Many species are released into new environments by shipping activities. Since 1959 almost 1/3 of the exotic species in the Great Lakes have been introduced as a result of shipping activities, coinciding with the opening of the St. Lawrence Seaway.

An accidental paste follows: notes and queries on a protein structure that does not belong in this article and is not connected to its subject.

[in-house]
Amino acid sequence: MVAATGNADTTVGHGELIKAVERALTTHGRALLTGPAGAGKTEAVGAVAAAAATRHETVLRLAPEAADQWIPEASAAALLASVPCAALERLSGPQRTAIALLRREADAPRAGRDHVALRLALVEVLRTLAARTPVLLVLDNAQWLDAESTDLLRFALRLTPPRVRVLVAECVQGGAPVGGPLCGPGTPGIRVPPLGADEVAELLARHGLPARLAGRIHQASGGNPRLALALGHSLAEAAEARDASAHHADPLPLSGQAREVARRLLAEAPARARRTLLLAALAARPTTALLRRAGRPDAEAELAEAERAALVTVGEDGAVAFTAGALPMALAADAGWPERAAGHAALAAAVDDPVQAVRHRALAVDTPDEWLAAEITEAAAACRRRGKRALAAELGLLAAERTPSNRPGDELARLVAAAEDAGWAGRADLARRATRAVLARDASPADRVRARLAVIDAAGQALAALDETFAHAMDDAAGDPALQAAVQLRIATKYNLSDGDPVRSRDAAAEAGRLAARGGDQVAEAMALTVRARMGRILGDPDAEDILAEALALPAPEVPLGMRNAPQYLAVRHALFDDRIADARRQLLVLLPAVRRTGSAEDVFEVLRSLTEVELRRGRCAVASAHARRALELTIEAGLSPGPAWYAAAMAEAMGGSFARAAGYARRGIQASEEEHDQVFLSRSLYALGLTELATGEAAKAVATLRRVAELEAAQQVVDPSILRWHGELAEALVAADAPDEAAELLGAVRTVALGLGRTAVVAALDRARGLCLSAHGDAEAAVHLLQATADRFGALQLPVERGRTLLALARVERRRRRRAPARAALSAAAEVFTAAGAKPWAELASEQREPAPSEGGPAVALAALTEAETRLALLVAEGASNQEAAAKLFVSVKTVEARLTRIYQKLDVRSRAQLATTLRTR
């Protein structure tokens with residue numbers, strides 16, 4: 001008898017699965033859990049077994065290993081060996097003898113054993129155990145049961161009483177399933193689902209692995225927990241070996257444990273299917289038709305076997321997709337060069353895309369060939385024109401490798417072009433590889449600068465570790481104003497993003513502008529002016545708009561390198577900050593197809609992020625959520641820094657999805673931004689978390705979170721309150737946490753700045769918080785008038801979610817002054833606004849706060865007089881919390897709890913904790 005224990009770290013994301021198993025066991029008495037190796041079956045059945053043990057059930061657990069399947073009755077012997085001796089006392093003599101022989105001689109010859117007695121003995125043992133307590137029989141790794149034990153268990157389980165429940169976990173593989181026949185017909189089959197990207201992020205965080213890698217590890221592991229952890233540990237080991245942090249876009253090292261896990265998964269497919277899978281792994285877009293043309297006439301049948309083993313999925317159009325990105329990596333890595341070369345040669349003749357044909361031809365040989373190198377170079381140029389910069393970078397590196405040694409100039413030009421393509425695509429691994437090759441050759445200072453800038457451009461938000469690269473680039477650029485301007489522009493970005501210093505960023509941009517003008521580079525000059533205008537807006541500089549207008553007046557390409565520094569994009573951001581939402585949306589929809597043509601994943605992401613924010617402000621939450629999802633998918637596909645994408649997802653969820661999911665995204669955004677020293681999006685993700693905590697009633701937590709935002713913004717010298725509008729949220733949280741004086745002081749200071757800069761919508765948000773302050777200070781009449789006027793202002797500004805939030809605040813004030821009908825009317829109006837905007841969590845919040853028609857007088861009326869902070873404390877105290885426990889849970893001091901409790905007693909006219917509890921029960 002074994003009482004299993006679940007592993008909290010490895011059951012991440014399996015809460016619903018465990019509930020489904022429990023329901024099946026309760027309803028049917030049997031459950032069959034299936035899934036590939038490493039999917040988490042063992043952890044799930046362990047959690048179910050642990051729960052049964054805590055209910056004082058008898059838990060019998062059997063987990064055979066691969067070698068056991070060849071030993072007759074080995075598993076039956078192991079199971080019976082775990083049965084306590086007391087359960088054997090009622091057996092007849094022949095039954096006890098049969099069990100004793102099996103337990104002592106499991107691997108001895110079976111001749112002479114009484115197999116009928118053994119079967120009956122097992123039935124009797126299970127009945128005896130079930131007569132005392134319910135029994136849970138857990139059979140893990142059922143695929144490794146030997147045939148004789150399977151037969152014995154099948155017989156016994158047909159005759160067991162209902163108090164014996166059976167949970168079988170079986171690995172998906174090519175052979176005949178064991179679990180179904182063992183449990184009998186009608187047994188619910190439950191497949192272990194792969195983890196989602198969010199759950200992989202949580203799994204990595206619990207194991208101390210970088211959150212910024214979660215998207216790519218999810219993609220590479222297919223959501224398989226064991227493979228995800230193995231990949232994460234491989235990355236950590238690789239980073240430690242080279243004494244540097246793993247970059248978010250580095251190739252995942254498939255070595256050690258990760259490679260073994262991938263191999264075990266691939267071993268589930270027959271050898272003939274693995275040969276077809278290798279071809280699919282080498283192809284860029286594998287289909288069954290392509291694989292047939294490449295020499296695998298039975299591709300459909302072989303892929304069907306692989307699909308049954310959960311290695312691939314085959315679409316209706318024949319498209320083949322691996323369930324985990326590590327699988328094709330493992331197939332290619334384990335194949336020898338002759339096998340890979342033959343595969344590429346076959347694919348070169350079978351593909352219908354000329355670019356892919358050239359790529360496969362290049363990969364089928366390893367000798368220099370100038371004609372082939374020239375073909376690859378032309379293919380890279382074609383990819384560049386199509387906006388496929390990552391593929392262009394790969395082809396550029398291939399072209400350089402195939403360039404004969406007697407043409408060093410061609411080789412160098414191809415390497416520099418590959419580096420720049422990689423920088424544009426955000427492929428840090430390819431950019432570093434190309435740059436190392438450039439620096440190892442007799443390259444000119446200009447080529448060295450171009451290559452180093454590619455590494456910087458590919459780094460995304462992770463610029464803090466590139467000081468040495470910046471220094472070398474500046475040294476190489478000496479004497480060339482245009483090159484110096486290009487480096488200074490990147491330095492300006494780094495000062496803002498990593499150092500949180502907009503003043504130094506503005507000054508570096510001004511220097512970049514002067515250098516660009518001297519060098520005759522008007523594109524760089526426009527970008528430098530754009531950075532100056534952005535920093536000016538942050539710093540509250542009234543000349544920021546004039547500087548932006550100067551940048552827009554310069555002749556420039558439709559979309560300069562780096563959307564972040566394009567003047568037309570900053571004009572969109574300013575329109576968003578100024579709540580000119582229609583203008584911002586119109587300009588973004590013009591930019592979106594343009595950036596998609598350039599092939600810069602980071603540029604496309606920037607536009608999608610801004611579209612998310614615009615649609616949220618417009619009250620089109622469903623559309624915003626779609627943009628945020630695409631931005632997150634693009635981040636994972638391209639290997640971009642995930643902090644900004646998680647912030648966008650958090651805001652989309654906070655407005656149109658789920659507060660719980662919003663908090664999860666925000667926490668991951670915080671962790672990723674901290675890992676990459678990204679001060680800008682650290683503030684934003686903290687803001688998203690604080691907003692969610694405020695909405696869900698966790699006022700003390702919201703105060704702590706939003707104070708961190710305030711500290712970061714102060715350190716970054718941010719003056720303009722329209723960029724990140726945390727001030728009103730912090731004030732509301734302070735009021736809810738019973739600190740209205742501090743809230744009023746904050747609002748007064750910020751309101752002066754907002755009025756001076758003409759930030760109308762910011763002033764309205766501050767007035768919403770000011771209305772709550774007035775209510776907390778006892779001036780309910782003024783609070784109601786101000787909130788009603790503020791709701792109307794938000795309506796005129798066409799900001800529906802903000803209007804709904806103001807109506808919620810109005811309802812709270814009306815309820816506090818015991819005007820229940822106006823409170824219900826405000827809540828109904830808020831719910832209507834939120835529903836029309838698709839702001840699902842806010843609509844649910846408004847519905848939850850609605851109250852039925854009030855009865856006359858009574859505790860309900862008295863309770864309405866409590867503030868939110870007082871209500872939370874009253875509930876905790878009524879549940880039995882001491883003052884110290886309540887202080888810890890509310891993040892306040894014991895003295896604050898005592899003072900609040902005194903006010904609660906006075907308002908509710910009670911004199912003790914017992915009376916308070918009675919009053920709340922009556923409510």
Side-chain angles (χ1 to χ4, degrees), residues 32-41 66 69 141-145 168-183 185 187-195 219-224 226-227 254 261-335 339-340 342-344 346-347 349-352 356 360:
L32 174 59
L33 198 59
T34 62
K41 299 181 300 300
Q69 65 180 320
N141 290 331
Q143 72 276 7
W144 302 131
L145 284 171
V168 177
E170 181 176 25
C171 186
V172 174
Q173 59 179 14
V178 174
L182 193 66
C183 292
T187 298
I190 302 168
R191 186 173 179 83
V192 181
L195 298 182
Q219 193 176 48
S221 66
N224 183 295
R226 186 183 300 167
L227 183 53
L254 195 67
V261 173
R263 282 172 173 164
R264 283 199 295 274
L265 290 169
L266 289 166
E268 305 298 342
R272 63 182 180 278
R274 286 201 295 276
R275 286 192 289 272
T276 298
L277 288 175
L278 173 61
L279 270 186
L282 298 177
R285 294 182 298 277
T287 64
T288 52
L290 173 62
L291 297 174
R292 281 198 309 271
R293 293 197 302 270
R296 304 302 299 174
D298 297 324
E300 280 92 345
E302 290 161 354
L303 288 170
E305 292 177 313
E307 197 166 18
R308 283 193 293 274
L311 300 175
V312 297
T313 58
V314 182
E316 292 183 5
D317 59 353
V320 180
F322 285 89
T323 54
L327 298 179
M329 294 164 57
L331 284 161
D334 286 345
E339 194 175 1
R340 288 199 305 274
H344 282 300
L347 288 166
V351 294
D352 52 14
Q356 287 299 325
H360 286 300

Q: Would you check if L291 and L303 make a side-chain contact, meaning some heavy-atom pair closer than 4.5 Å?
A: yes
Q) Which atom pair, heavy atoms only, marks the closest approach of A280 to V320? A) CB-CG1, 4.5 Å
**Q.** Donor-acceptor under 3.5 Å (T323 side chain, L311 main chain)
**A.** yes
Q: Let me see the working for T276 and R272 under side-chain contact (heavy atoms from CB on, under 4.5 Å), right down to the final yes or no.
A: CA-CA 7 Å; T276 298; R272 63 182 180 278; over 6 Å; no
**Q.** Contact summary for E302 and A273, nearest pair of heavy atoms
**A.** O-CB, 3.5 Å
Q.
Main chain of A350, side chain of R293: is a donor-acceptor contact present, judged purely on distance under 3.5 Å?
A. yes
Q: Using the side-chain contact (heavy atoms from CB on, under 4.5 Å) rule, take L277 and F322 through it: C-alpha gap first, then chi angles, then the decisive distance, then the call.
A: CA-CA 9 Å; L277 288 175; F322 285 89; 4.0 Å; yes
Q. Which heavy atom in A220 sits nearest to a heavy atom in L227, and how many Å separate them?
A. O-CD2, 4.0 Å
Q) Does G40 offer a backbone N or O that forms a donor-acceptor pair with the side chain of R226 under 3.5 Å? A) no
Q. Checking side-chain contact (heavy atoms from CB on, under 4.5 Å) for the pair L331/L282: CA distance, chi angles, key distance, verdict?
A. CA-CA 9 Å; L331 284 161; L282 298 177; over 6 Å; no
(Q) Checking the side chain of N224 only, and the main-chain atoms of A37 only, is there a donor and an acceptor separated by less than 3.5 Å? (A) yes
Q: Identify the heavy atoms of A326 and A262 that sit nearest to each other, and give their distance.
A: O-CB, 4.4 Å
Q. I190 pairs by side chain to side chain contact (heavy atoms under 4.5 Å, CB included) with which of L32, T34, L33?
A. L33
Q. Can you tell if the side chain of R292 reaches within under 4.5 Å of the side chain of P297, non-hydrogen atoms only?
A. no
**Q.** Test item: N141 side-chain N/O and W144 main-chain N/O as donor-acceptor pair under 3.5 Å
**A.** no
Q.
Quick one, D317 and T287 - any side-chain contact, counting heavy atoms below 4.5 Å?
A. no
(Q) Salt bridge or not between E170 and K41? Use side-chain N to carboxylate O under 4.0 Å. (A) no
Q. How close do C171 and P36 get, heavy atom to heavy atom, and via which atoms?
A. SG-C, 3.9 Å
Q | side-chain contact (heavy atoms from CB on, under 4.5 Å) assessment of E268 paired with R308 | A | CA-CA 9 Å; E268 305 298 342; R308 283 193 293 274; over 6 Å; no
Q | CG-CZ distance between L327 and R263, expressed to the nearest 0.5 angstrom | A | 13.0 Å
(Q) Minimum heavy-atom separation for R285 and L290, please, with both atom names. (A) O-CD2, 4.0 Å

Ocean going vessels are likely the largest vectors of biological invasion. Ships take on ballast water for stability during an ocean crossing and then dump the water before they take on cargo. More than 1 million litres of water are can be discharged by a single vessel. Biological invasions occur when ships discharge ballast water that has been taken from foreign ports. If the introduced aquatic plant or animal species is compatible with the ecological conditions of the lakes, they survive, reproduce, and disperse through the environment. This invasion mechanism has become more significant, as transoceanic crossing times have decreased. The spiny water flea (Bythotrephes cedarstroemi), and the round goby (Neogobius melanostomus) are examples of ballast water introductions into the Great Lakes.